September 8, 2011

A Spectacle-ular Hike

Filed under: Hiking, North Cascades — Tags: — geezerwriter @ 8:38 pm

Eleven hikers set out on this warm day for a hike to Yellow Aster Butte. The air was little less clear than it had been two days before when three of us had gone up the same trail to assess its condition, but the view was still grand just a short distance from the trailhead.

Starting up

Starting up

One of our goals was to look for my glasses that I had stupidly set down while I put on my bandanna early on that hike on Tuesday. I had very little hope of finding them – I had watched for them pretty carefully on the way down and notified the ranger station. They were wire rimmed glasses with dark colored temples that would easily blend into the forest floor.

But I thought I remembered that Mike had taken a picture of me at about the time that I lost the glasses. I thought we might be able to coordinate the time stamp on the picture with my GPS track and pinpoint the location but that didn’t work out for a couple of uninteresting reasons.

But Mike did find the picture and print it out – it showed me with my bandanna on and glasses off and in the background there was a large cut tree with a distinctive triangular patch of bark missing. (I forgot to grab a copy of the picture from Mike so I can’t show you). He carefully showed the picture to everyone so we would all be on the lookout.

And about a mile into the hike (a good bit further than my guess-timate), that triangle of bare wood popped into view. I watched as carefully as I could and noticed that everyone else behind me was doing the same – but nothing. Unless we came to another distinctive triangle of missing bark pretty darn soon I would have to give up. Which I soon did.

Resting and waiting

Resting and waiting

We had hardly been stopping at all since we’d been swarmed by black flies right at the trailhead and all the way along the trail, but I stopped at the next turn in the trail for a short break and Fred walked up to me and handed me my glasses! Eight of us had walked right past them but Amy (perhaps because she is built a little closer to the ground than most of us) spied them right near the magic tree. Someone else had apparently found them and had moved them a little ways further from the trail to a more open and visible spot – just a bit further away than the rest of us were looking.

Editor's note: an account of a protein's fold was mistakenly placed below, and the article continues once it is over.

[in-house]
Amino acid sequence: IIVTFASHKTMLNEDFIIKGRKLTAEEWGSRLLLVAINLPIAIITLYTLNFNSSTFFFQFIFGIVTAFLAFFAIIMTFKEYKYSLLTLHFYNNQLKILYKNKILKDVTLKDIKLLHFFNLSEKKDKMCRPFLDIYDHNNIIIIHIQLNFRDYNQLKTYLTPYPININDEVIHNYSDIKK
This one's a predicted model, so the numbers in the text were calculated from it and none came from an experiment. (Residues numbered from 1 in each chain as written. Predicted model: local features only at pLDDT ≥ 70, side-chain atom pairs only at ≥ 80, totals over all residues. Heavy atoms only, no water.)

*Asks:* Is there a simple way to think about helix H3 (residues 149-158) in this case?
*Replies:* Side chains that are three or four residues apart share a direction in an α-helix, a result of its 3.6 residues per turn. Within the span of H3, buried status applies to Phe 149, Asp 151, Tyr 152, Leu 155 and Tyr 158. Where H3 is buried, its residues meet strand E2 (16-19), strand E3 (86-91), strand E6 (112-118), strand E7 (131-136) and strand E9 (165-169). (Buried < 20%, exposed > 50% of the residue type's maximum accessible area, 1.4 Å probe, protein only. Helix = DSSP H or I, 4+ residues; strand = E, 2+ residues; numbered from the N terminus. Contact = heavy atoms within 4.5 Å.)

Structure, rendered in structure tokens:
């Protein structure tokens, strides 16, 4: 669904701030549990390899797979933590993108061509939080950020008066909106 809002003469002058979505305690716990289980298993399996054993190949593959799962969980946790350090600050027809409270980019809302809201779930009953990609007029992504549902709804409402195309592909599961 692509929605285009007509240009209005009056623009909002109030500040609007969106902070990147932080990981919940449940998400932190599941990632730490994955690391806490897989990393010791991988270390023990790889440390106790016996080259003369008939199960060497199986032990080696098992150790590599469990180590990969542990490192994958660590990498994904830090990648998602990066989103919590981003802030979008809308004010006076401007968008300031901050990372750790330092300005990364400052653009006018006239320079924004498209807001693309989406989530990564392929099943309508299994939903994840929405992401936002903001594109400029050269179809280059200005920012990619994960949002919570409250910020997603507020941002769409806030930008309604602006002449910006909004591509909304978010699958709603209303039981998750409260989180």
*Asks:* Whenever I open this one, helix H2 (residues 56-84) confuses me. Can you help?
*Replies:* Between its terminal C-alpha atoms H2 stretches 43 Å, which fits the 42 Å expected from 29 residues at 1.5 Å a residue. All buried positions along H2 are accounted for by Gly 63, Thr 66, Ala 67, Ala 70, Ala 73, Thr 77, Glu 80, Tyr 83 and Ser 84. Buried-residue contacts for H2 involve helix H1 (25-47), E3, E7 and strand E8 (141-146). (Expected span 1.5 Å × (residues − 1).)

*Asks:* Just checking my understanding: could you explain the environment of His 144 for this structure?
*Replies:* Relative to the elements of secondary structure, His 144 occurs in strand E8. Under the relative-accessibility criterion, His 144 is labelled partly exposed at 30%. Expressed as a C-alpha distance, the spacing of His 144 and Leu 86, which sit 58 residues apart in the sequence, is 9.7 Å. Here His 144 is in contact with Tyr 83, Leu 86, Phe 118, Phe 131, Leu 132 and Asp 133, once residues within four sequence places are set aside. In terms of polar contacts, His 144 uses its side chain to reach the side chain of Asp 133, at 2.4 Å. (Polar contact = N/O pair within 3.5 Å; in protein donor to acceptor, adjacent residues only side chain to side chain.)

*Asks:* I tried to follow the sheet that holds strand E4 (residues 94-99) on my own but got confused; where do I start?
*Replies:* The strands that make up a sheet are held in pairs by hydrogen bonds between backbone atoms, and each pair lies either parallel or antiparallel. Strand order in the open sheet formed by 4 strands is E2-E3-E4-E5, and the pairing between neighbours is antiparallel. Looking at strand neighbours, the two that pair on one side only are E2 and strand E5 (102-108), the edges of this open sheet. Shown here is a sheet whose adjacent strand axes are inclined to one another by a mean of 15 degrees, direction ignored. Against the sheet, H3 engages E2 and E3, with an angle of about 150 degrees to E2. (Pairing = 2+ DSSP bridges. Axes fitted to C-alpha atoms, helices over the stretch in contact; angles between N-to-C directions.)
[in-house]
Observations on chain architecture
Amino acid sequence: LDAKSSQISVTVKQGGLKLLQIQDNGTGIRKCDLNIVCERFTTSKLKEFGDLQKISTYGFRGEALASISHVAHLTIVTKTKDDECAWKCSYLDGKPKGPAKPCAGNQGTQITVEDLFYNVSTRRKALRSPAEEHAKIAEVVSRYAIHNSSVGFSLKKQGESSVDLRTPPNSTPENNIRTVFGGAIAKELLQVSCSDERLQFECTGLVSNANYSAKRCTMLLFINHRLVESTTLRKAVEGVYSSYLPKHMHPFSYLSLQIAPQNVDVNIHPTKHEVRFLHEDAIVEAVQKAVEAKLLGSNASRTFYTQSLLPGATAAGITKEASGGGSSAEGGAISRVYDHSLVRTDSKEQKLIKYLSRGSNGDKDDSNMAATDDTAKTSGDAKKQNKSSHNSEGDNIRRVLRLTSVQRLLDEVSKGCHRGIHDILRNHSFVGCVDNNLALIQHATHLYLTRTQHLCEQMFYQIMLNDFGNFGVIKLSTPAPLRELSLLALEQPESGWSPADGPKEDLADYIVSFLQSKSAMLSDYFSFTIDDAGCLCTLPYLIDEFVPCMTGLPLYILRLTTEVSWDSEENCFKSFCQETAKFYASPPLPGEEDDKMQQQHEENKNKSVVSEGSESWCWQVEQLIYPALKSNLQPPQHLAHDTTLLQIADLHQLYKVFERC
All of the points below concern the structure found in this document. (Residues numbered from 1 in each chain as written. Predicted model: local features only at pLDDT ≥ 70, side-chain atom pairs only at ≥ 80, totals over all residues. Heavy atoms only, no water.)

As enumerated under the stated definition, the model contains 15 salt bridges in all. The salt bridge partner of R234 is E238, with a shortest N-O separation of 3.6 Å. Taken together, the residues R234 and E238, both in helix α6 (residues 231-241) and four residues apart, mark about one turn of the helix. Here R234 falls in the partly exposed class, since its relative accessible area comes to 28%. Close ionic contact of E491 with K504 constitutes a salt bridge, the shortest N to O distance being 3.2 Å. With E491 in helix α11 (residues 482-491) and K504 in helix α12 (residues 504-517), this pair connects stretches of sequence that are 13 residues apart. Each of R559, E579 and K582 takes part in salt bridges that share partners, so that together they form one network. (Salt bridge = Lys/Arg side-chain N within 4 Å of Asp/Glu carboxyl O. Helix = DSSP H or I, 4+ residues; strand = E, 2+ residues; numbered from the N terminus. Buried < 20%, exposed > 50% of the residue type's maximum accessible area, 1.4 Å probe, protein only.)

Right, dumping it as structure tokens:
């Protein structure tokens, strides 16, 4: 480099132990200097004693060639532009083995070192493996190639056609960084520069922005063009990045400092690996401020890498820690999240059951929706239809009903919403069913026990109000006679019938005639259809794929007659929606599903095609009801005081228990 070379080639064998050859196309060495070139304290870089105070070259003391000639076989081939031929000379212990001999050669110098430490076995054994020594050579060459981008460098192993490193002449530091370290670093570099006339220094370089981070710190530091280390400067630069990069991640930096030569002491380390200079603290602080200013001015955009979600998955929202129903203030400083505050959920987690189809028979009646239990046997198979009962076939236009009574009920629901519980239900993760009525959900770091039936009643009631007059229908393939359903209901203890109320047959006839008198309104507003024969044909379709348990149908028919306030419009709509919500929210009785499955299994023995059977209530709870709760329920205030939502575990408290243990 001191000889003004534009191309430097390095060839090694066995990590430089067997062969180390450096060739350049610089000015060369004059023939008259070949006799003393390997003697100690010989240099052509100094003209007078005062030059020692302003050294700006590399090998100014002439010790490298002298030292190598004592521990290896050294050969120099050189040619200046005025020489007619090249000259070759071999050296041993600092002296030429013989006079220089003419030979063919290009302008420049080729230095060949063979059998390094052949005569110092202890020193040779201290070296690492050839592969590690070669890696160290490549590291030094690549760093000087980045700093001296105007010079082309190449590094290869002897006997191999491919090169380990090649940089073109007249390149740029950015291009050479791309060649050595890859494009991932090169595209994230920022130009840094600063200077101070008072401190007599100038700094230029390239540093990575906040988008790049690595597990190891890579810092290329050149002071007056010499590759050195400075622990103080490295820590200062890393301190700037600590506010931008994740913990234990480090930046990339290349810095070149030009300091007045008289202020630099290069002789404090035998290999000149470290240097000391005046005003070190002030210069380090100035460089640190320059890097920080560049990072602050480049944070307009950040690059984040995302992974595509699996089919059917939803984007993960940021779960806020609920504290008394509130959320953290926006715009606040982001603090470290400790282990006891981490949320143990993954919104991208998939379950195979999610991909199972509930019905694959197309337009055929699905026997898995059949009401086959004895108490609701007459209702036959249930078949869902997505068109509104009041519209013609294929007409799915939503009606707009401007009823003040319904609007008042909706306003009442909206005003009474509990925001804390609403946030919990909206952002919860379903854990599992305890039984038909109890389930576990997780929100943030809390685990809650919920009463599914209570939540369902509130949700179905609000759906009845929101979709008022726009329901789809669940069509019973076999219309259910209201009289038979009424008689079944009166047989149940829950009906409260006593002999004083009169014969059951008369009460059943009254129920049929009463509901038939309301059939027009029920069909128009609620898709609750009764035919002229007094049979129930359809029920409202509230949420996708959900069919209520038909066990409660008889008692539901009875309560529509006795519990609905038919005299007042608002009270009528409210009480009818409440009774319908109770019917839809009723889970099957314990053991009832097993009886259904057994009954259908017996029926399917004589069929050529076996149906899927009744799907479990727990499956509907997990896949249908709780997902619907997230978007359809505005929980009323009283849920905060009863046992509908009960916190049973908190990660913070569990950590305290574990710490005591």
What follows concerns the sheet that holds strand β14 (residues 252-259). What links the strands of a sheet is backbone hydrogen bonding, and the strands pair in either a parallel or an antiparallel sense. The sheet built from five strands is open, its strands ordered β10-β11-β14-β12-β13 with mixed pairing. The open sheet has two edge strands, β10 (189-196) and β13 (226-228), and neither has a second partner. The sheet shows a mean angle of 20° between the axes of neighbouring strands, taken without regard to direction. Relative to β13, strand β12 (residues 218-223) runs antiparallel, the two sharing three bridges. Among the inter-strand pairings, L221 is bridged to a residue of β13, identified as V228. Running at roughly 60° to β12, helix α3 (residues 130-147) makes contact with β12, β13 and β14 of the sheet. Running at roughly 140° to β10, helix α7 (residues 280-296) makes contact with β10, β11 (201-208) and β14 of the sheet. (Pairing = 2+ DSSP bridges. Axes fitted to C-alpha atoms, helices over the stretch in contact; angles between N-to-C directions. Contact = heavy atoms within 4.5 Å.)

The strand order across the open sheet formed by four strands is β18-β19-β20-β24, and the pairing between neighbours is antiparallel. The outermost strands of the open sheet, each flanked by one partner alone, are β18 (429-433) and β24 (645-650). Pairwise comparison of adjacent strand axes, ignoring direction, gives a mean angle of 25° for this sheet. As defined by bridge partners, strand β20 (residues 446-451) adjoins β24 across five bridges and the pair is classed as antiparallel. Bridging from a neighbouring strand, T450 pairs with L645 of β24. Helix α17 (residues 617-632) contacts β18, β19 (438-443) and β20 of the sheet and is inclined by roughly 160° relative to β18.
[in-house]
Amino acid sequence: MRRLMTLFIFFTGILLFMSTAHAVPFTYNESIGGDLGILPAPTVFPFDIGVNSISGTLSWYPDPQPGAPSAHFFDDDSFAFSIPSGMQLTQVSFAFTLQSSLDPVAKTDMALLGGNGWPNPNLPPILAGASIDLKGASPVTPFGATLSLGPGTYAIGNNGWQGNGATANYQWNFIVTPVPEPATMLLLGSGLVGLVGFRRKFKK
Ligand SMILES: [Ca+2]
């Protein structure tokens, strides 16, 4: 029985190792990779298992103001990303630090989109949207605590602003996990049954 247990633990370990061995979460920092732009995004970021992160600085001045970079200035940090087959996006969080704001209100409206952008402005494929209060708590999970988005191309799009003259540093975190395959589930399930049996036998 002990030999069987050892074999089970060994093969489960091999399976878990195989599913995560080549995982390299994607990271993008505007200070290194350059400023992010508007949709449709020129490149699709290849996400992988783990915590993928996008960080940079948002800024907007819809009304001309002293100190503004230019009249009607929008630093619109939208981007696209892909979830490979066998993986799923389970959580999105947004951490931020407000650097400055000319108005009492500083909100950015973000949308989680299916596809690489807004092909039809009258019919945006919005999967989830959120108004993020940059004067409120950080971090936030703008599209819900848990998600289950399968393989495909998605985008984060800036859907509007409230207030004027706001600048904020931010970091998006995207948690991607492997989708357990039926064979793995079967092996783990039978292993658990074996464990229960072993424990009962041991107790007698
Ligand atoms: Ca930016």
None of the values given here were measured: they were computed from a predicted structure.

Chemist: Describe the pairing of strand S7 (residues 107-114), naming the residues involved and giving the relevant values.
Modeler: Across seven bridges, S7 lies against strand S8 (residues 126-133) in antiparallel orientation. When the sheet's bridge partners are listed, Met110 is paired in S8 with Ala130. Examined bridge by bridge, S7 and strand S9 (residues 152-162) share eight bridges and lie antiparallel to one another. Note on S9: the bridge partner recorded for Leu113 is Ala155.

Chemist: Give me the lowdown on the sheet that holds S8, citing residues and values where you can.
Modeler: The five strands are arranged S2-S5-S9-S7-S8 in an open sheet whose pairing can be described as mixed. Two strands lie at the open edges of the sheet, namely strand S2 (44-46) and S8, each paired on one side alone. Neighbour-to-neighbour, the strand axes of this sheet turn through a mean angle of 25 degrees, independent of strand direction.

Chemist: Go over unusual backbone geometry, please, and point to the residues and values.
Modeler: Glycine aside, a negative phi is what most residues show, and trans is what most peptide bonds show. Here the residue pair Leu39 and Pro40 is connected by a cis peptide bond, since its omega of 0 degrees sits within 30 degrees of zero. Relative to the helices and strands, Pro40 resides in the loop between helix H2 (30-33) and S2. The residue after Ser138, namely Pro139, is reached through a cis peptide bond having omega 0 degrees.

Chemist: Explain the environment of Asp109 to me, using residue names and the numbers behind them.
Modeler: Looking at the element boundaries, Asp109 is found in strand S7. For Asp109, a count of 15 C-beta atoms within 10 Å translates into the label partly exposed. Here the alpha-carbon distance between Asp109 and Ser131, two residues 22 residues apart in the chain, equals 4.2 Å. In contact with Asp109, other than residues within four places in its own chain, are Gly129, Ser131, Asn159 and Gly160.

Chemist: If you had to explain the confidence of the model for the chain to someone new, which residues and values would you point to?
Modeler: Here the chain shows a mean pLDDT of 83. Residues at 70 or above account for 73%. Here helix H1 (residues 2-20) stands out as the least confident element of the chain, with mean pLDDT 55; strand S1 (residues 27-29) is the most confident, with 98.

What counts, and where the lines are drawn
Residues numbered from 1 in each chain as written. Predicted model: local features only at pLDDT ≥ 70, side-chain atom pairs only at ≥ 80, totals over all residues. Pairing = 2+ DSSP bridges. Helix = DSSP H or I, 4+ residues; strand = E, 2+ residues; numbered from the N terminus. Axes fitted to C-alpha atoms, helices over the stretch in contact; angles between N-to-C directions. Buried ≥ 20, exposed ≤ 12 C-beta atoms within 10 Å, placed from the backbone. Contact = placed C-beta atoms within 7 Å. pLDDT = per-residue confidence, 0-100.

I’m only half Irish but I must have inherited a full dose of their proverbial luck. Just a couple of weeks ago I had left my brand new trekking poles at the Goat Lake trailhead – a hundred miles from home and far out of our usual bailiwick. Four days later I got a message from Ward & Linda, two of our hikers from Ferndale, that someone they had met on the trail that day had picked up a pair of poles, assuming that it belonged to our group. Mind you, these were not old friends but complete strangers who had bumped into us on the trail and had just happened to notice that Fred had the word “Ferndale” on his cap!

Amy said that I should probably go right down and buy a lottery ticket. I haven’t decided yet whether to do that or go hide in a cave.

Flowers everywhere

Flowers everywhere

The rest of the hike was comparatively uneventful – another glorious delayed summer day in the Pacific Northwest. The “spring” flowers are out in force, having just emerged from the snow, and yet some of the bushes are starting to turn to their autumn colors. We began to escape the flies soon after reaching the open meadows where the picture above was taken but the warmth of the sun caused us to stop short of the summit of the butte. We stopped for lunch on a rocky hill about 500′ feet lower in elevation and afterward went on up to the base of the summit trail.

Mount Tomyhoi

Mount Tomyhoi

Amy, Fred and Mike (my Spectacular Spectacle Heroes) started on up the very steep trail to the butte (400′ gain in about 1/4 mile) but turned back about halfway. The rest of us waited patiently, enjoying the view, and then reluctantly headed back down the trail, fully expecting that our little black flying nemeses would be waiting for us and licking their chops (if they have any).

Tomyhoi and Border Peaks

Tomyhoi and Border Peaks

And indeed they met us about where we’d left them at the tree line and capered joyfully about our heads all the rest of the way down to the cars. They didn’t really eat much (they only got one good bite out of me) but the continuous buzzing and occasional incursion into ear, eye or nostril was more than a little annoying. But I think it’s a fair price to pay now and then for the privilege of visiting these glorious mountains.

I didn’t take any of my usual scenic shots today.  Jan, our stalwart Blogger-in-Chief, was unable to join us today and assigned me to write this posting in her absence, so I was focused on actually having people in my pictures for a change. So I’ll sneak in a picture I took last Tuesday showing the lupines along the summit trail, with Mount Baker in the background.

Lupines & Baker

Lupines & Baker


1 Comment »

  1. Yayy! You FOUND them, or actually Amy found them. How wonderful, Al, and I truly appreciate your pictures and story about the hike. I was trying to figure out who is who underneath the netting, and I see Jonelle returned for another hike, and although I am sorry I wasn’t there, I truly needed to get a handle on this bronchitis. Thanks for the GREAT pictures, with people in them!!

    Comment by DJan — September 9, 2011 @ 5:50 am

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